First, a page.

This is an archived article and the information in the article may be outdated. Please look at the time stamp on the story to see when it was last updated.

DENVER (KDVR) — Russell Strong is learning how to handle daily tasks with only one eye.

The 35-year-old was injured by what he believes was some sort of projectile launched by police in the downtown protests several weeks ago.

“Police started firing into the crowd and I turned to run and the next thing I knew something had blown up in my face. That knocked me to the ground and I was just very disoriented,” said Strong.

Strong was taken to Denver Health where he learned his eye would have to be removed.

“I have no depth of perception now. Something simple like trying to pour a cup of coffee, I can’t hit the coffee cup,” said Strong.

Dr. Prem Subramanian was the ophthalmologist on call at Denver Health during the height of the downtown protests. They saw six patients with eye-related injuries over the course of about 96 hours.

“Two of them in particular sustained very severe injuries to the eye such that the eyeball itself ruptured. One of them with a ruptured eye had severe injuries to the eye socket as well,” said Subramanian.

Subramanian says the extent of the injuries was startling and unexpected.

“These were the kind of injuries I had seen in soldiers injured in blasts in Iraq and Afghanistan. These were very severe injuries,” said Subramanian.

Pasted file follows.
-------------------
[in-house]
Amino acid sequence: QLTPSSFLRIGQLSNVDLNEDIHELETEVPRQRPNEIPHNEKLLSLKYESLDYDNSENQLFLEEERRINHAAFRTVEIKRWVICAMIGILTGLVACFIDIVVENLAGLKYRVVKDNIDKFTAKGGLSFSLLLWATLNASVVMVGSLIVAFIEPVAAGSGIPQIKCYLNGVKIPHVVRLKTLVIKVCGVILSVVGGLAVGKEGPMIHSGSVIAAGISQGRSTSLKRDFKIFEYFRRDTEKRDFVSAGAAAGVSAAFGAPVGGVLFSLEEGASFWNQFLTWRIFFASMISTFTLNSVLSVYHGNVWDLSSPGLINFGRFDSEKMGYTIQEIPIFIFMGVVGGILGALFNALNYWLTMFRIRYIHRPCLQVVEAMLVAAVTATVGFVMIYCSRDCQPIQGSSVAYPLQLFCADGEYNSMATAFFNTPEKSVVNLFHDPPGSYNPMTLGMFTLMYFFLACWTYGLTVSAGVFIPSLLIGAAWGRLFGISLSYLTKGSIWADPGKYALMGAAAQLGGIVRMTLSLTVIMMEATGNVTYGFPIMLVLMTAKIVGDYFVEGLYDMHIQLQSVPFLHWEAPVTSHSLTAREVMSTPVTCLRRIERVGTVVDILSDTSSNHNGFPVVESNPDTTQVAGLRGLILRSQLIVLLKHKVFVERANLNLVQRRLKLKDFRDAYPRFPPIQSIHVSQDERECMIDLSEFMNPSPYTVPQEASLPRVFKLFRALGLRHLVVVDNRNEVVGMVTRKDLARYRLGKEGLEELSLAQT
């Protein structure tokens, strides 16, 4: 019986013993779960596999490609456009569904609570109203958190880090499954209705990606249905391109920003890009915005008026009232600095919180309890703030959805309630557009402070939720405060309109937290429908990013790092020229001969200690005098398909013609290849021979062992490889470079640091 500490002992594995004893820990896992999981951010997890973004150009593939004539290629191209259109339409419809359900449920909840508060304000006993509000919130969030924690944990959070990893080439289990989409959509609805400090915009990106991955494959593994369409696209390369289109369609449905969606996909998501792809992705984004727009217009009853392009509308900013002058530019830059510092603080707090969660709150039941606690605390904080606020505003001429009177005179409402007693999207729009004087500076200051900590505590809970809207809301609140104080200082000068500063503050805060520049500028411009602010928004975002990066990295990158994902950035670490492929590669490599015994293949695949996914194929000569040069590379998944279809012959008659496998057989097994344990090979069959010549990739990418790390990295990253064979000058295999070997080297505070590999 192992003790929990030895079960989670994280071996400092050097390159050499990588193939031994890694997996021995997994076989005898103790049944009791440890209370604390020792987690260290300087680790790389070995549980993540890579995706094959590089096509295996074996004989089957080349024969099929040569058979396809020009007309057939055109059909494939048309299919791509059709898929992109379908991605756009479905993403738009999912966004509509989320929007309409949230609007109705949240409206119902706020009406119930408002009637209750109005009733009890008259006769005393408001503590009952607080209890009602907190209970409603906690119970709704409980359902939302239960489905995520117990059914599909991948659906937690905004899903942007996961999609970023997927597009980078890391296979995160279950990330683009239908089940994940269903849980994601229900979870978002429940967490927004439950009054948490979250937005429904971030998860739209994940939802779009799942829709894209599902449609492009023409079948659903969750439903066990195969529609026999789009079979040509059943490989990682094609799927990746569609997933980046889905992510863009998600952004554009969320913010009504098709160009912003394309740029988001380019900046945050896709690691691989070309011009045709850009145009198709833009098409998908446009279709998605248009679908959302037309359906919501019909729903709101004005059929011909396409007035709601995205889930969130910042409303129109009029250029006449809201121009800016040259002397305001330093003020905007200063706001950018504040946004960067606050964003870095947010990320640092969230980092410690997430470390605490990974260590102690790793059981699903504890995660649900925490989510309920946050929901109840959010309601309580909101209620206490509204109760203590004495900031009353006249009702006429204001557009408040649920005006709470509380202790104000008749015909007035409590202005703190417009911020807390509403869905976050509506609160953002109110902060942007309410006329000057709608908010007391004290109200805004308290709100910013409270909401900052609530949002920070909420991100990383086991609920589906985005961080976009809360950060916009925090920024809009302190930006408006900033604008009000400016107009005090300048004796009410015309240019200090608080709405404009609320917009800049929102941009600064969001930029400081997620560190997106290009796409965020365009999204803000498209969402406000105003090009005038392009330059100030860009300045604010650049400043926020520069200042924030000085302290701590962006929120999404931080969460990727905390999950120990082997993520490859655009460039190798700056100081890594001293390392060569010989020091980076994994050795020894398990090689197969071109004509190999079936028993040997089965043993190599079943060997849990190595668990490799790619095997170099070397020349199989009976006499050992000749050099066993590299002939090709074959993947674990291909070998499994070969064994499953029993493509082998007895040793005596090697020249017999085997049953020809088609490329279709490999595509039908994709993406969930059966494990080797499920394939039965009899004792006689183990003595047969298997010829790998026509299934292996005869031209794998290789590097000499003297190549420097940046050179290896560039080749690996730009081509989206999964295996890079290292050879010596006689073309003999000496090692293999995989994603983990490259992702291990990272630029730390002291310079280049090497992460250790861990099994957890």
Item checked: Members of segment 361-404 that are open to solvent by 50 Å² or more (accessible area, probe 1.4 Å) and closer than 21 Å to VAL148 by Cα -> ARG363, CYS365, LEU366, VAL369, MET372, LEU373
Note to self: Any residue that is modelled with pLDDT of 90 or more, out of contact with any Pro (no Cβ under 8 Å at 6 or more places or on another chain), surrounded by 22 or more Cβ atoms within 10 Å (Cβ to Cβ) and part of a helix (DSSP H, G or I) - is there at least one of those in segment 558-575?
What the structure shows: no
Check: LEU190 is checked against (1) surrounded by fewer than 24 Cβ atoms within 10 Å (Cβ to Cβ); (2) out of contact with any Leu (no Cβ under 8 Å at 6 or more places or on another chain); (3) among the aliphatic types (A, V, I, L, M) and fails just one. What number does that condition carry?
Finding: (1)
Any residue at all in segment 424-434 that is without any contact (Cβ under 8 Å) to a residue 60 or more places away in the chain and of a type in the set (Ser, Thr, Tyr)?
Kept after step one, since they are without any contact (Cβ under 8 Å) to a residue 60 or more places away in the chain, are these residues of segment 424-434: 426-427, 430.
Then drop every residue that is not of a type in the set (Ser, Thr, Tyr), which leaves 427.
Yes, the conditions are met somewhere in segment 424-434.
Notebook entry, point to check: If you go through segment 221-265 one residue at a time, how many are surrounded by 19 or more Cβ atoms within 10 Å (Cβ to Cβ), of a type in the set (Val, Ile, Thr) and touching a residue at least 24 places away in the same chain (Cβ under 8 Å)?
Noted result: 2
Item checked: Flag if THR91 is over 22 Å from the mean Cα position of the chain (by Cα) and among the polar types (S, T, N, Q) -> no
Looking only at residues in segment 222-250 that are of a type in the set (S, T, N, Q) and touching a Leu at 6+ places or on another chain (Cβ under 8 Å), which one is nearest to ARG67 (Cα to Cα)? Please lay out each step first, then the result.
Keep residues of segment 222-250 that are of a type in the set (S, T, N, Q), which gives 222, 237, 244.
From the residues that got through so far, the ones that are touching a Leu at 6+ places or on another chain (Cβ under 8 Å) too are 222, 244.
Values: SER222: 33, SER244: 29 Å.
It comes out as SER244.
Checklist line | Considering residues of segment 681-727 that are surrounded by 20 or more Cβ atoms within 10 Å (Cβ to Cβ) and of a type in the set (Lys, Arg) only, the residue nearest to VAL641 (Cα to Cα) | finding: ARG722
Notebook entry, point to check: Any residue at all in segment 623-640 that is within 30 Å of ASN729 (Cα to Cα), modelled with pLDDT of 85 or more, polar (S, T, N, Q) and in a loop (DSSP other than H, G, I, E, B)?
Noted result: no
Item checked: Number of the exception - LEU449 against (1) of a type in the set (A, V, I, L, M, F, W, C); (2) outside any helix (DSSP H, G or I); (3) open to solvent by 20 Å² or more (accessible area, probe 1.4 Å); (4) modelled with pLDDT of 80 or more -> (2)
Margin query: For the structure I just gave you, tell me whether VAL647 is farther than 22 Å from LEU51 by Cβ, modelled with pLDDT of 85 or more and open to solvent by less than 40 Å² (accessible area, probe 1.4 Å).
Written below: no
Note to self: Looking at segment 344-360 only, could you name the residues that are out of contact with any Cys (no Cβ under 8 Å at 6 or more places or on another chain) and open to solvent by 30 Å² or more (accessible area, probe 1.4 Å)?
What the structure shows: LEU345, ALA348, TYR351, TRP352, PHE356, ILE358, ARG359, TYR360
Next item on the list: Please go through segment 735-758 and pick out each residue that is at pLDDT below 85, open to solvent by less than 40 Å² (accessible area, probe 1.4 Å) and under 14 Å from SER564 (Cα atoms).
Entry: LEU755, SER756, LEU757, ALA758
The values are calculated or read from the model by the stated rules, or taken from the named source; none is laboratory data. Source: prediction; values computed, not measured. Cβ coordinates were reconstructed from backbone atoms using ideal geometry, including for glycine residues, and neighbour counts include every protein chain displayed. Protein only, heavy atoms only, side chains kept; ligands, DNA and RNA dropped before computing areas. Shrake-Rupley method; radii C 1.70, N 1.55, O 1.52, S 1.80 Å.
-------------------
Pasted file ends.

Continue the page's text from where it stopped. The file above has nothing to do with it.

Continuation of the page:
The American Academy of Ophthalmology has launched a campaign aimed at trying to prevent future injuries of this type.

Subramanian says the focus is to educate lawmakers and law enforcement on the risk associated with less lethal weapons such as projectiles.

“Law enforcement has to be able to enforce laws. But we have to find ways to do that without causing people to lose vision from the use of these kinds of weapons,” said Subramanian.

The recently passed police accountability bill in Colorado prohibits law enforcement from discharging “kinetic impact projectiles” in a manner that targets the head, pelvis or back while responding to protests. The bill also prohibits discharging projectiles indiscriminately into a crowd.

“It consoles me a little bit to see action being taken,” said Strong. “That’s what I wanted, that’s why I was protesting in the first place. I wanted some kind of accountability.”

Strong’s attorney says they have requested multiple investigations into the matter from the Internal Affairs Bureau and Independent Monitor.